From the code you have posted, it's clear that what you are missing is what a generator does, and how
next are supposed to behave
So let's start with the iterator protocol. an object is iterable if it returns an iterator when its
__iter__ method is called, and an iterator is an object that has a
next method, which can be called zero or more times and should eventually raise
It's not to unusual for certain kinds of objects to be their own iterators (that have
self), but this is usually limited to objects that somehow themselves represent a position inside something. For instance, the builtin
file object is its own iterator, because files have an intrinsic seek position (which you can manipulate with
file.tell()). Other objects, which represent the totality of a collection, like
list, return something other than themselves.
So, your tree really more sounds like the latter rather than the former; It doesn't have a position attribute that represents which node it is on; it's all nodes at the same time, so it probably shouldn't have a
__iter__ needs to return something else.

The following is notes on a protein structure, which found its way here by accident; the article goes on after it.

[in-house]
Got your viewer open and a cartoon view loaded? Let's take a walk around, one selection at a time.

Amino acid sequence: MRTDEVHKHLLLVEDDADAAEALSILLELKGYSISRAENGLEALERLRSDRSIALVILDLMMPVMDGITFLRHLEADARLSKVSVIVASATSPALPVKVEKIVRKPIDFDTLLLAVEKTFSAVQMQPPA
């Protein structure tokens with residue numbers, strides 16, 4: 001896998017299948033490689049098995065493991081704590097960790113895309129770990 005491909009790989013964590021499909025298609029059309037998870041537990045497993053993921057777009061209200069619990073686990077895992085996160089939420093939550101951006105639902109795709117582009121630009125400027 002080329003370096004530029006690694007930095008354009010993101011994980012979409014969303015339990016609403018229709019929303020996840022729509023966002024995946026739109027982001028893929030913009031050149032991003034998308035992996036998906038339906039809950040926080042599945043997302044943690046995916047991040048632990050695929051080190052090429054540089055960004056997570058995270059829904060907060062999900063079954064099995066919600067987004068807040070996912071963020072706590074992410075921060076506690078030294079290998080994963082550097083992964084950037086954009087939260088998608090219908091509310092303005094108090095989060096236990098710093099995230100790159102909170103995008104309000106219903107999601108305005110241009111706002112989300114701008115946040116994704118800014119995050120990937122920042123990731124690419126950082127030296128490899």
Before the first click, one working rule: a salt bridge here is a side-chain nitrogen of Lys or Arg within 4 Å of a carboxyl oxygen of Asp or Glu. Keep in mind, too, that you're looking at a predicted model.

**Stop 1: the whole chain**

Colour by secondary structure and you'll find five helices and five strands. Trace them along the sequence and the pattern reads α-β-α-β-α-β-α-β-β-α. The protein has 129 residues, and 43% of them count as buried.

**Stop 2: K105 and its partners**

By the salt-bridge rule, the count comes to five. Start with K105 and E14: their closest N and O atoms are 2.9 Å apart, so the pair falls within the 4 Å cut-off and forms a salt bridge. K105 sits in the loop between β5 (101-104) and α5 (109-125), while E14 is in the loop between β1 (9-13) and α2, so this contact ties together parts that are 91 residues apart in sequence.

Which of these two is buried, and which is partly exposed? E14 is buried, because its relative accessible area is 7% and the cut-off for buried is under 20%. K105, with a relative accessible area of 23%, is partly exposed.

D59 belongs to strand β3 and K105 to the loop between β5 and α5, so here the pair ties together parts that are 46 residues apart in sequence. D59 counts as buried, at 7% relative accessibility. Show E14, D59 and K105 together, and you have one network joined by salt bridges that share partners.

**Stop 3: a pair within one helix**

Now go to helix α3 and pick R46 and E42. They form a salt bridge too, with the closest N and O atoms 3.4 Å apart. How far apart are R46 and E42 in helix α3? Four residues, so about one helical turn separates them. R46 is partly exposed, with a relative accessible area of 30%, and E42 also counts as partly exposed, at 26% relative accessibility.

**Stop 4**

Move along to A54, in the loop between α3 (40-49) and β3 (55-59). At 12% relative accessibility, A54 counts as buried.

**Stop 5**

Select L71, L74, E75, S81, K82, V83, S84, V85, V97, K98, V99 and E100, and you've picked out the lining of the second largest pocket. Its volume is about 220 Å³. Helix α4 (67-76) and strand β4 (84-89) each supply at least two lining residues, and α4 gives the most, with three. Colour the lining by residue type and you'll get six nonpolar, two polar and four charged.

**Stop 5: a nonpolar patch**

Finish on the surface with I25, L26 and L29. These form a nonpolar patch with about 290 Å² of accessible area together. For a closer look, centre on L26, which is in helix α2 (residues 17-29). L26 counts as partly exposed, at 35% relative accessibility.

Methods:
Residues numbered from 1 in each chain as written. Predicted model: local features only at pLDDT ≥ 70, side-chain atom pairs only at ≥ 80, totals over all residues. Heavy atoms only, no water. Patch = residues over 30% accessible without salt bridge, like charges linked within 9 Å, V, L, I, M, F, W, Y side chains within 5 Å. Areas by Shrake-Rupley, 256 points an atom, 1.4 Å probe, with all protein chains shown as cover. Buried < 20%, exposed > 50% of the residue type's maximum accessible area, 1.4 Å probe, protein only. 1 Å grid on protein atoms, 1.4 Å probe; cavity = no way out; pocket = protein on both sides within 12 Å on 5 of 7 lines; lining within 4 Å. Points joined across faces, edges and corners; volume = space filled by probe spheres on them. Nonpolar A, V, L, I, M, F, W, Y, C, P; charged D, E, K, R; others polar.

Which gets us to generators. When a normal function contains a
yield statement, it is automatically not a function at all, it's a generator. The difference is that when you call a function, it's body is executed (and possibly returns a value). When you call a generator, it returns immedately, without executing the body at all; instead you get an iterator! when you iterate over that, the function body gets called; advancing to the next
yield each time until it finally returns.
So, putting it all together,
self.l = 
self.a = 0
# first, yield everthing every one of the child nodes would yield.
for child in self.l:
for item in child:
# the two for loops is because there's multiple children, and we need to iterate
# over each one.
# finally, yield self
But, since what we're doing is iterating a sequence of iterators (and also one more thing, self),
itertools.chain as in the accepted answer, really makes a lot of sense.